Total revenue for 2014-15 is now projected at $14.199 billion, up $126.4 million from budget.
Projected revenue from non-renewable resources is up $59.5 million from budget.  Higher potash revenue and Crown land sales more than offset the projected revenue decrease in oil.
Net income from Crown Corporations and other Government Business Enterprises including the insurance sector is up $183.8 million from budget, while revenue from taxation, personal income tax, corporate income tax and tobacco is $145.3 million lower than expected at budget.
Total expense for 2014-15 is now projected at $14.129 billion, up $126.9 million from budget.   Much of this increase, about $107 million, is attributable to projected costs related to disaster assistance for those affected by recent flooding.
“Our government will continue working hard to keep Saskatchewan’s economy and its finances strong,” Krawetz said.
For more information, contact:
Jeff Welke Finance Regina Phone: 306-787-6046 Email: jeff.welke@gov.sk.ca Cell: 306-536-1185

Oil tumbles as OPEC decides not to cut oil output

Oil tumbles as OPEC decides not to cut oil output
Published Thursday, Nov. 27 2014, 7:58 AM EST
Last updated Thursday, Nov. 27 2014, 10:08 AM EST
Saudi Oil Minister Ali al-Naimi told reporters on Thursday that OPEC will not cut its oil output.“That is right,” Naimi told reporters in response to a question on whether OPEC had decided not to cut oil supplies.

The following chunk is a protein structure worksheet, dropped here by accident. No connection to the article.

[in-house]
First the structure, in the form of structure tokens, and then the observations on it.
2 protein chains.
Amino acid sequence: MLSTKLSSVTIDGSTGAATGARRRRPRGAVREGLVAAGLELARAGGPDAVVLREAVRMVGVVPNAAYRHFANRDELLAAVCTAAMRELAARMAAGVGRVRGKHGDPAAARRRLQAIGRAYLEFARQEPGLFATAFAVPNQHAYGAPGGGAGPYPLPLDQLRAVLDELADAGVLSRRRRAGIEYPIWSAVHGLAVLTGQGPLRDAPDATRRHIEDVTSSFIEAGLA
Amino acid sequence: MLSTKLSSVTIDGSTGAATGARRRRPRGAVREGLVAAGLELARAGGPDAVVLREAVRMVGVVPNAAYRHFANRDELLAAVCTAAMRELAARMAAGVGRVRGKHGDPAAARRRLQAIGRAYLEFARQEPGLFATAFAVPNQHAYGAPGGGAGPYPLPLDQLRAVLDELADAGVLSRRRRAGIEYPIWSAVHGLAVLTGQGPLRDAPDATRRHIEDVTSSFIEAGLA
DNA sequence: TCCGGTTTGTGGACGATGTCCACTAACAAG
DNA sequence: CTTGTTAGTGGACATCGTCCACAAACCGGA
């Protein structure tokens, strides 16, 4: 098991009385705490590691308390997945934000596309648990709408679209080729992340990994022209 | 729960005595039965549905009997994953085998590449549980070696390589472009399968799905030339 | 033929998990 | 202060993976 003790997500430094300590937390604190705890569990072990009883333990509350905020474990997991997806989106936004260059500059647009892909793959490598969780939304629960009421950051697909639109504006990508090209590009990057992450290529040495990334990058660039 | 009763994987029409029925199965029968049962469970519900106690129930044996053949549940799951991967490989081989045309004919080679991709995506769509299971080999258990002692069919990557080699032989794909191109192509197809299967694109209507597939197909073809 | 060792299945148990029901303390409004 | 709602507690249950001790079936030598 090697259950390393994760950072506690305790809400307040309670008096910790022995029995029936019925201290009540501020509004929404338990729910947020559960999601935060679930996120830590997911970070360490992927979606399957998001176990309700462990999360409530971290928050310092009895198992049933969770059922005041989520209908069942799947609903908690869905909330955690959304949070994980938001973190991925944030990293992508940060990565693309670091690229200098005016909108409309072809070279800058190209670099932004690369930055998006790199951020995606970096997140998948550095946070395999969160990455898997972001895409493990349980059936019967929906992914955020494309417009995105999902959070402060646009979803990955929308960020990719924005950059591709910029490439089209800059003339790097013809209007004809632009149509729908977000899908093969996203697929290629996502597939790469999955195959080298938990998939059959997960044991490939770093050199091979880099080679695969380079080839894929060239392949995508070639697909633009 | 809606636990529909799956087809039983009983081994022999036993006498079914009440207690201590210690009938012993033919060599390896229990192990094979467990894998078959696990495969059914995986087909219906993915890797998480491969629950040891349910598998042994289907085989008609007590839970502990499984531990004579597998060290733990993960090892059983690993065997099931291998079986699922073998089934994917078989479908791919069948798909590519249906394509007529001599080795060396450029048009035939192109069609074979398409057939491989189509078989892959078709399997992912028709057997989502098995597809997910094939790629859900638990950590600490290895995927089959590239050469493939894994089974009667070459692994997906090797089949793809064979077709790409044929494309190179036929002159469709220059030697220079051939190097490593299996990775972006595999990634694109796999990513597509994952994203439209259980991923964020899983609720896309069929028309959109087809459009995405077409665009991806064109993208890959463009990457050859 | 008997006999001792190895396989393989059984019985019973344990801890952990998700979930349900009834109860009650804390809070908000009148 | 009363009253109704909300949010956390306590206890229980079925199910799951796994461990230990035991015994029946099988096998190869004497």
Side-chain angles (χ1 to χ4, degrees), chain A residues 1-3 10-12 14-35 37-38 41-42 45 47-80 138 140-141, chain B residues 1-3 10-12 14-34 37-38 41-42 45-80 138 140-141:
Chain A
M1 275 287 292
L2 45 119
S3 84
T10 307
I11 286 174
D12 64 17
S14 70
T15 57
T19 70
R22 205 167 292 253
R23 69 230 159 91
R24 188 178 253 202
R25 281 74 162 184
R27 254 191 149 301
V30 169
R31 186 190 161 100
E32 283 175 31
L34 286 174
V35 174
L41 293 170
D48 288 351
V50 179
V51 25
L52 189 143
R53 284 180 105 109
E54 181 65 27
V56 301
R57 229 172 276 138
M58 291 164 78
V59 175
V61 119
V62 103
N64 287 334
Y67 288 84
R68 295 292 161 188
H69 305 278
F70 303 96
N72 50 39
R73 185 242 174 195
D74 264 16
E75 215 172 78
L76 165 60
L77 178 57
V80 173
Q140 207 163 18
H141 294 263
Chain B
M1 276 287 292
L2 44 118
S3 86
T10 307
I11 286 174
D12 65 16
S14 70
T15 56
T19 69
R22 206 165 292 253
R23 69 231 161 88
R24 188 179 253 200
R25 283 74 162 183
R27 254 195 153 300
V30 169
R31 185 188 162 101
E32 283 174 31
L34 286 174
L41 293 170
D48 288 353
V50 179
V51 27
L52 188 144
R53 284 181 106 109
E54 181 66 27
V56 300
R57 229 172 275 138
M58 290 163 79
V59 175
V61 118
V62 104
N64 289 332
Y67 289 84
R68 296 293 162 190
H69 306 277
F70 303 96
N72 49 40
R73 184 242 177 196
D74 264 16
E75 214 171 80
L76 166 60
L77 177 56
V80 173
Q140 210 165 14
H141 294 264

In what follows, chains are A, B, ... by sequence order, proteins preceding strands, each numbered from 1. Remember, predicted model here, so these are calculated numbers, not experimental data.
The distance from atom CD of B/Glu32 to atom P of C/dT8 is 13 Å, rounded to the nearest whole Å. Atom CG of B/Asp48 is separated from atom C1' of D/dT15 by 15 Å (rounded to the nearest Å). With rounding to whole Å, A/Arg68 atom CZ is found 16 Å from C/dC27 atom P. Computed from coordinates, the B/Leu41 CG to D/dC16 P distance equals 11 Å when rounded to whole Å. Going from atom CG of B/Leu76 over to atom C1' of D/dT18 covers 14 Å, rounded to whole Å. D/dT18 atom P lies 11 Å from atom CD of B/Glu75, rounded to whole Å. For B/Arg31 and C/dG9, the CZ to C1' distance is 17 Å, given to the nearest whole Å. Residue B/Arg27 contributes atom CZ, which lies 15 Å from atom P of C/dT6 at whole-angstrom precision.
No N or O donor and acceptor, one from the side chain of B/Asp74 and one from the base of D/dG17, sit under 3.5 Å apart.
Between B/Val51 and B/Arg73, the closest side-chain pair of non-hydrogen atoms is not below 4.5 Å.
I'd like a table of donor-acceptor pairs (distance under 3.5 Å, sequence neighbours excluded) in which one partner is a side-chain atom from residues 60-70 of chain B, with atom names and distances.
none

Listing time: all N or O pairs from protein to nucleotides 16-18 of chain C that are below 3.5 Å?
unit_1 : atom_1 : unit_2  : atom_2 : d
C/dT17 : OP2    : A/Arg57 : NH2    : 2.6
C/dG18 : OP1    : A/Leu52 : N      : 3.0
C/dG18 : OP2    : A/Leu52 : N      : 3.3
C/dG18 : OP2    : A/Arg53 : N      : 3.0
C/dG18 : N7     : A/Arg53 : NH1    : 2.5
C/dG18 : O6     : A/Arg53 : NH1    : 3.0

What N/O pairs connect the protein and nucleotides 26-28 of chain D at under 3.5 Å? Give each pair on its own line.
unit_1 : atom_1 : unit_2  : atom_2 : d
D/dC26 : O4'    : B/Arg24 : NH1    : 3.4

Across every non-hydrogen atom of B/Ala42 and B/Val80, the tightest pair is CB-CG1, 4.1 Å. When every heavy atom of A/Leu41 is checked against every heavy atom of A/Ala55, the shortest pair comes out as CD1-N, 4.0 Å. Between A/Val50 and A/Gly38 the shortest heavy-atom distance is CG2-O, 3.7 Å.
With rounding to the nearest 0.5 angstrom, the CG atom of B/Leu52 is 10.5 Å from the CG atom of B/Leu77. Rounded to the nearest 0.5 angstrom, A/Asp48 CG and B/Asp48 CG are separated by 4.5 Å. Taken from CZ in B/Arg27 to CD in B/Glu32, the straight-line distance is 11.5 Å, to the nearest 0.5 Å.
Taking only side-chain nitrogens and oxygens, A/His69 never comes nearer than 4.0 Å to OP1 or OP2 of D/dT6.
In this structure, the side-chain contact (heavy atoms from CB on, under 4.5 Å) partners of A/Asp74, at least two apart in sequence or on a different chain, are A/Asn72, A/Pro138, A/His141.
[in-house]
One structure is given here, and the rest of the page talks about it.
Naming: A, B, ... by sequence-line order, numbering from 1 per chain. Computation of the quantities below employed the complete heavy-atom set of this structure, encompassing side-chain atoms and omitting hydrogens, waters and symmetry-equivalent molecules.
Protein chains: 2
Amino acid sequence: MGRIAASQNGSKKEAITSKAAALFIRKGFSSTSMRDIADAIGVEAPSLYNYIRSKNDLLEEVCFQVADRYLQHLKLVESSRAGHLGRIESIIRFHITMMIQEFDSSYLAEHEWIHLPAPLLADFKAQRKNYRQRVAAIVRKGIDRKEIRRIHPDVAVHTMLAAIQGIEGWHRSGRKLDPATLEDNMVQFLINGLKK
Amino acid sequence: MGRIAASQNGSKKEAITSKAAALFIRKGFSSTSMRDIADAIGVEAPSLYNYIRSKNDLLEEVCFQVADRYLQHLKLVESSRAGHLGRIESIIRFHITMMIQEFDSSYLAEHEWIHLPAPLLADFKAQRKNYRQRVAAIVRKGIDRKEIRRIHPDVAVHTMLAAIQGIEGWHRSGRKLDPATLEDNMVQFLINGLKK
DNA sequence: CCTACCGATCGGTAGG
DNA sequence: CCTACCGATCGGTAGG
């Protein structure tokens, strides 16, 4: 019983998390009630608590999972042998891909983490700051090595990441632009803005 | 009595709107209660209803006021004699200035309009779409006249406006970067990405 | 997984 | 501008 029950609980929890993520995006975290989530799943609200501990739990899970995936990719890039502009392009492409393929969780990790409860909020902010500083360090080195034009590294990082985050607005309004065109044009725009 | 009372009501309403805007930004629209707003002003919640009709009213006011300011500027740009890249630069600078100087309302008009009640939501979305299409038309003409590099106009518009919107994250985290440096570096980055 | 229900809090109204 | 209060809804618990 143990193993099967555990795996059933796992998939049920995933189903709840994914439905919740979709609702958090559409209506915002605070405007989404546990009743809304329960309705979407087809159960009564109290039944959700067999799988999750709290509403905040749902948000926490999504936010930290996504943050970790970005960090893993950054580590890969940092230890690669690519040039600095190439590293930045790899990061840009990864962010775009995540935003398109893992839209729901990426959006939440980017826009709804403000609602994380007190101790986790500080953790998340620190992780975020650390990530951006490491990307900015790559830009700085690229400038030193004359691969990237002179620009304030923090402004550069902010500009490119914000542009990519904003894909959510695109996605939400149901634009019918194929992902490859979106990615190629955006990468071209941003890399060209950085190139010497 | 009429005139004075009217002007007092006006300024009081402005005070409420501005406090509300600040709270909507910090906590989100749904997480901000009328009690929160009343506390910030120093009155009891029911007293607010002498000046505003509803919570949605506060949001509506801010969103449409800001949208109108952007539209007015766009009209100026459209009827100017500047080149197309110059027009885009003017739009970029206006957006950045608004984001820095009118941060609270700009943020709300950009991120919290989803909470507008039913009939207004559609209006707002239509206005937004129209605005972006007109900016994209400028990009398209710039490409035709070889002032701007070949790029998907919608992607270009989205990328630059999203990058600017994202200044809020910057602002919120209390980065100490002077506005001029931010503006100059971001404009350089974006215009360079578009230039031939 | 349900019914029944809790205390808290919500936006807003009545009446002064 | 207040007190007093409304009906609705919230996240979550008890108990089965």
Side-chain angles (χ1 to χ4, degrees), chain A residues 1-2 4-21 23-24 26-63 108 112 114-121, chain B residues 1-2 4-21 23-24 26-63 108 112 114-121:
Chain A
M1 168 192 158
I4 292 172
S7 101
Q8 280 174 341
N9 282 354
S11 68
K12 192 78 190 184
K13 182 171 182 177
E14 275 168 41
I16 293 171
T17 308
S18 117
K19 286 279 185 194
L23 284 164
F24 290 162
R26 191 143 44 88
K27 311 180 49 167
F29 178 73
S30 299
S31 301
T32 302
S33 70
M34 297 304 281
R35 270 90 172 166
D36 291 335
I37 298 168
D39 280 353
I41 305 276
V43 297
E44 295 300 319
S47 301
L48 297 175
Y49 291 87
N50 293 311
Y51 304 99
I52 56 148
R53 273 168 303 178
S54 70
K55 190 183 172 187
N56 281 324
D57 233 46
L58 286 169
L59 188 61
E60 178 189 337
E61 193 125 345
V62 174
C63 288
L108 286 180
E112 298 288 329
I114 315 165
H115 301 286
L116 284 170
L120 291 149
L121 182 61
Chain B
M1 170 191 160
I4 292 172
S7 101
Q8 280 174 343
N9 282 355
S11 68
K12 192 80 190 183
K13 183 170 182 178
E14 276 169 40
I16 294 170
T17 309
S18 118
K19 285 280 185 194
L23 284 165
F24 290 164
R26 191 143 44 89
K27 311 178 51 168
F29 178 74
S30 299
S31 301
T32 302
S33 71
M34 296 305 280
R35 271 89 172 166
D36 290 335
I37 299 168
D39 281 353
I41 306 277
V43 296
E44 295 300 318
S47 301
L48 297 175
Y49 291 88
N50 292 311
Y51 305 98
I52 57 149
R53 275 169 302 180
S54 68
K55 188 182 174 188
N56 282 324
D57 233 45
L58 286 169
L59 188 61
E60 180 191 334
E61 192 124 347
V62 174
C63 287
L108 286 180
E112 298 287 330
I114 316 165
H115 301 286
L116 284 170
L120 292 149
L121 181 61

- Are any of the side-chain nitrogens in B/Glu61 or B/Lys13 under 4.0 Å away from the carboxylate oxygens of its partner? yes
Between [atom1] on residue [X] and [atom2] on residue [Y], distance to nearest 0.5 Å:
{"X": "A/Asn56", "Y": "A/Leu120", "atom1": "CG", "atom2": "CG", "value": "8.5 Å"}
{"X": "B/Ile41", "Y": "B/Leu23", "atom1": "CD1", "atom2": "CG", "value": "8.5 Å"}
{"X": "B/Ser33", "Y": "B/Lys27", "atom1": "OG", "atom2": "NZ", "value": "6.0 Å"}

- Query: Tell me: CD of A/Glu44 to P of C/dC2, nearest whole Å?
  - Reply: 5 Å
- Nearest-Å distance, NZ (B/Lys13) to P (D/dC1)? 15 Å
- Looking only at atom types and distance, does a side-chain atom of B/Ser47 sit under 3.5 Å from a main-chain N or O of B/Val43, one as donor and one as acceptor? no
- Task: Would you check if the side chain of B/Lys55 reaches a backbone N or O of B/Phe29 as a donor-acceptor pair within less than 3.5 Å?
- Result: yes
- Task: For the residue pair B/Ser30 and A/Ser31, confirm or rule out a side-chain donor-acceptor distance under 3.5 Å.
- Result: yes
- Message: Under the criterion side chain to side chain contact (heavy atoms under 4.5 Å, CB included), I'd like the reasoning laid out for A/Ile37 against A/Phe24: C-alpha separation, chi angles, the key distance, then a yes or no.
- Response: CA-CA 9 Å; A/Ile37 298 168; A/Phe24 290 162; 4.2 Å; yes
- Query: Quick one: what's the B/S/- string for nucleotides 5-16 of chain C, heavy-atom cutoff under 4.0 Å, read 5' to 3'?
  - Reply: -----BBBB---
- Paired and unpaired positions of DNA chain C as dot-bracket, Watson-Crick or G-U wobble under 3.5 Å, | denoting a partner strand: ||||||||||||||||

He was speaking after a five hour meeting of the producer group broke up.

OPEC has three options on the table

27 Nov 2014
Calgary Herald
OPEC has three options on the table
Experts suggest potential outcomes of oil cartel’s meeting in Vienna
The oil market will “stabilize itself,” Ali Al-Naimi, oil minister for Saudi Arabia, the world’s largest crude exporter, said Wednesday.
The comment will keep people guessing before Thursday’s meeting of the Organization of Petroleum Exporting Countries in Vienna, said Harry Tchilinguirian, head of commodity markets at BNP Paribas SA.
Here are some potential outcomes: Production cut: OPEC may reduce its output ceiling by one million barrels a day or more, from 30 million currently, to shore up prices, Paul Horsnell, global head of commodities research at Standard Chartered, said in a report.